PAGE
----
Social Services and Well-being (Wales) Act 2014
The social services and well-being (Wales) Act came into effect on 6th April 2016. This law exists to improve the well-being of people in Wales, particularly those who need care and support and carers who need support. What is well-being? The act explains well-being as:
- Being aware of your rights and what they mean for you
- Being healthy
- Being protected from abuse harm and neglect
- Having access to employment, education, training, sports and leisure
- Having positive relationship with family and friends
- Being part of a community
- Having a social life
- Having a safe and secure home.
There are several rights included in the Act that are important for carers to know and understand. These rights are the same for all carers, whether you are a child, a young person or an adult.
- The right to Well-being – Your local authority, local health board and Welsh Ministers MUST promote the well-being of people who need care and support, and carers who need support.
- The right to have information, advice and assistance. – Your local authority MUST provide information, advice and assistance about support services so you can find and access them.
- The right to an assessment if your needs cannot be met by information and advice. – Your local authority MUST carry out a carers’ needs assessment for carers, who may need support. This assessment is to find out what help you need. Your right to an assessment is not affected by how much money you have, but you may be asked to contribute to the cost of your support.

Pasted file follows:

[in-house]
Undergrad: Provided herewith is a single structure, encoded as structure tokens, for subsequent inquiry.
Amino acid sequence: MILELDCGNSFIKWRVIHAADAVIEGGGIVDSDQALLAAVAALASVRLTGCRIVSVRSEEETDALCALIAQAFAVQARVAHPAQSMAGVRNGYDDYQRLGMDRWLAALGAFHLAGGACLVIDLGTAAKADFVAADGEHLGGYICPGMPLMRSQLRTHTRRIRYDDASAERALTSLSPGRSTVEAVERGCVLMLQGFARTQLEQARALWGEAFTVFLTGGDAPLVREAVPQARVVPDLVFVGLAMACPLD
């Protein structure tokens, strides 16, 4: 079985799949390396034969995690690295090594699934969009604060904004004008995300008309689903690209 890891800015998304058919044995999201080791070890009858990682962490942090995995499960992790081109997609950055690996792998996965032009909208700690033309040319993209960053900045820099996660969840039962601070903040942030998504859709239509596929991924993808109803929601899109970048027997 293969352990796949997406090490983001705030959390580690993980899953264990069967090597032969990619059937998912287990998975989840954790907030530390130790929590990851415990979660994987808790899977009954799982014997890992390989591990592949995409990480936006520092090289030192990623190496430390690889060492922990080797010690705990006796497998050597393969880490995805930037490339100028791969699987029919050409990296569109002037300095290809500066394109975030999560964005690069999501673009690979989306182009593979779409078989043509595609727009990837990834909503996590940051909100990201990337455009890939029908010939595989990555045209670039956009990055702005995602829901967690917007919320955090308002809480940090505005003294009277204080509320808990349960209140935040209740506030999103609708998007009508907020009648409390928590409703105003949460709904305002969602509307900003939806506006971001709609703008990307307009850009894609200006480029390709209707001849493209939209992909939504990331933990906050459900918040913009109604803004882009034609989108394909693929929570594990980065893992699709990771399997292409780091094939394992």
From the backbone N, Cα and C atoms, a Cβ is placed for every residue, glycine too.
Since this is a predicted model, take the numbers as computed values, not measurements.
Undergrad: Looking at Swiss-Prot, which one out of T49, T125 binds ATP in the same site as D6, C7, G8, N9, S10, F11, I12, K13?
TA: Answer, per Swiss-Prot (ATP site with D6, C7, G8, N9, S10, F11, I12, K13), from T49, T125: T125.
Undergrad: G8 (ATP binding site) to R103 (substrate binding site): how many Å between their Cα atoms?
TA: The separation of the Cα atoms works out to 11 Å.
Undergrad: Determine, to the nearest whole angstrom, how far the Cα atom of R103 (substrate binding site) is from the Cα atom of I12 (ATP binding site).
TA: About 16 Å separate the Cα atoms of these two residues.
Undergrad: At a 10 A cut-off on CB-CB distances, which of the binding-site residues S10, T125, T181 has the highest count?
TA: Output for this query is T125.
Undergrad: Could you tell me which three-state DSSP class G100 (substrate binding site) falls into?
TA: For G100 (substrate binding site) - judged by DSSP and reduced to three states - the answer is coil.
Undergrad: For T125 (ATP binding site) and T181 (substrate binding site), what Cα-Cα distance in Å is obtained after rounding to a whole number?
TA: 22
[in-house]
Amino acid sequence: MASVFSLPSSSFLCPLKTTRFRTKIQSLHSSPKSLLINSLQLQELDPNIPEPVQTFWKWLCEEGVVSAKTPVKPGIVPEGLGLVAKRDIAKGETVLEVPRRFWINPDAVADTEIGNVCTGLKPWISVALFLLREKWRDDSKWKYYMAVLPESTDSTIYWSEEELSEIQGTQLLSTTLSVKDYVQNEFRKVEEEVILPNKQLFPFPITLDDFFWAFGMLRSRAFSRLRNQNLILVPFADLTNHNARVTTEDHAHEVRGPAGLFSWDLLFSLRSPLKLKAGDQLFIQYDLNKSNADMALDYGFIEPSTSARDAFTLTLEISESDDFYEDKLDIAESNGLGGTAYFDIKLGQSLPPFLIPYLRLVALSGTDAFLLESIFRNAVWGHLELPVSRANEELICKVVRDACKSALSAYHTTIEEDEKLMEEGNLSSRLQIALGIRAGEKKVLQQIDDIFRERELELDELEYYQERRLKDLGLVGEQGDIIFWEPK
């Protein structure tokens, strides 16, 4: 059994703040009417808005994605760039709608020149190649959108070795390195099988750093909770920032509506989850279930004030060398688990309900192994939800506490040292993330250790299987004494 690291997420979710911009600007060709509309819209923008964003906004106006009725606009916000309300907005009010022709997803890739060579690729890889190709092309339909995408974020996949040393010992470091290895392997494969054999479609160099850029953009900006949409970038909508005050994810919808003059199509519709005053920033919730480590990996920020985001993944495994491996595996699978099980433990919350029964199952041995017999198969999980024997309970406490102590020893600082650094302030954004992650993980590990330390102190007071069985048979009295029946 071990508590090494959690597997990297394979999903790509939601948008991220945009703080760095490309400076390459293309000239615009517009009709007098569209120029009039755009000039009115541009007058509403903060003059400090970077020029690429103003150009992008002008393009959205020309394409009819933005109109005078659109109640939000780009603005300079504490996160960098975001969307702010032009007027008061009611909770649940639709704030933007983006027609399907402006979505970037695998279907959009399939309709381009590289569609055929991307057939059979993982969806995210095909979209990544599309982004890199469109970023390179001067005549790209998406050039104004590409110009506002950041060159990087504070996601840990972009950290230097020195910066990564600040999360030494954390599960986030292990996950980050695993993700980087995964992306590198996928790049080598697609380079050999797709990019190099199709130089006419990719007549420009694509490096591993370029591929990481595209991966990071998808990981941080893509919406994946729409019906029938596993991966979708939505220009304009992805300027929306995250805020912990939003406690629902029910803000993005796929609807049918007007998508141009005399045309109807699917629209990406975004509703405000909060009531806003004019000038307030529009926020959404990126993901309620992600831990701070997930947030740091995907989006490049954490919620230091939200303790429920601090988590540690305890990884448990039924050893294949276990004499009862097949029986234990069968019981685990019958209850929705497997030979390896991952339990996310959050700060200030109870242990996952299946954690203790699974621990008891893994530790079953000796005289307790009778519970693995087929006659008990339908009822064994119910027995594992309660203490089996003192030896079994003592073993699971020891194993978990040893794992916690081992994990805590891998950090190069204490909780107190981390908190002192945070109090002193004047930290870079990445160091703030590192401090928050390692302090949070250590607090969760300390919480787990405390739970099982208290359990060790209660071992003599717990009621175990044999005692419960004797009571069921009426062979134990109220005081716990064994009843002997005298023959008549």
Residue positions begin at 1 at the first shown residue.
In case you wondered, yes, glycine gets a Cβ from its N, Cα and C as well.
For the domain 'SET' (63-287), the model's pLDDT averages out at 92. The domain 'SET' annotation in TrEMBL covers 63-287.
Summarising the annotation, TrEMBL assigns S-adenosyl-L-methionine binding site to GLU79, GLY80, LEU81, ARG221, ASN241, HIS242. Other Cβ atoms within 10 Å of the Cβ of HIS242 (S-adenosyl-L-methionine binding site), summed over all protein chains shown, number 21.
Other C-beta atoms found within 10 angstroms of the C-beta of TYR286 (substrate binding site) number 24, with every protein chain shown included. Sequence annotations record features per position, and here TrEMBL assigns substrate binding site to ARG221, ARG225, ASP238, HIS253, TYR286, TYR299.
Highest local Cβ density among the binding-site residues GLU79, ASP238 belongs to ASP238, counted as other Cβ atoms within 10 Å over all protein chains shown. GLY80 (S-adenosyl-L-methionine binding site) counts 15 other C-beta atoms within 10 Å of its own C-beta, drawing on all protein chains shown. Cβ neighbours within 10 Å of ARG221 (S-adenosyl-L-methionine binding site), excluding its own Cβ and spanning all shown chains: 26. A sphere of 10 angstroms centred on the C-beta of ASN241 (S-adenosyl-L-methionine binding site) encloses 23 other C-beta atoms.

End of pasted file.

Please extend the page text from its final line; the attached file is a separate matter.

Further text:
- The right to have you voice heard and have control over decisions about your support. – During your assessment your local authority MUST ask you what matters to you as a carer, or a young carer. You MUST be involved in all decisions about you support. If you would like, you can choose to have a friend or family member by your side to help you. Some local authorities may combine a carers’ needs assessment with an assessment for the person being cared for. This can only be done if you give your consent.
- The right to advocacy – If you are unable to fully take part in discussions yourself, an advocate is someone who can help make your voice heard when decisions are made about you support. An Independent advocate must be arranged if you are unable to speak up for yourself or do not have someone to support you to express your views, wishes and feelings.
The Care Collective Hubs
The Cardiff and Vale Hub
Telephone: 02921 921024
(Areas: Cardiff, Vale of Glamorgan, Barry)
The Gwent Hub
Telephone: 01495 367564
(Areas: Blaenau Gwent, Caerphilly, Monmouthshire, Newport, Torfaen)
The Porth Hub
Telephone: 01443 808076
(Areas: Rhondda Cynon Taff, Merthyr Tydfil, Gwent)
The Bridgend Hub
Telephone: 01656 784100
(Areas: Bridgend and surrounding areas
Find your local authority to contact.
Provides advice and information to carers and the professionals who support carers.
Advice line – Mon-Fri 9-6pm: 0808 808 7777
All Wales Forum
Provides a national voice to empower parents and carers of people with learning disabilities.
029 2081 1120
Children’s Commissioner for Wales
Protects and promotes the rights of children throughout Wales.
Information and advice for matters affecting over 50’s in Wales.
Older People’s Commissioner for Wales
Protects and promotes the rights of older people throughout Wales.
03442 640670 / 02920 445030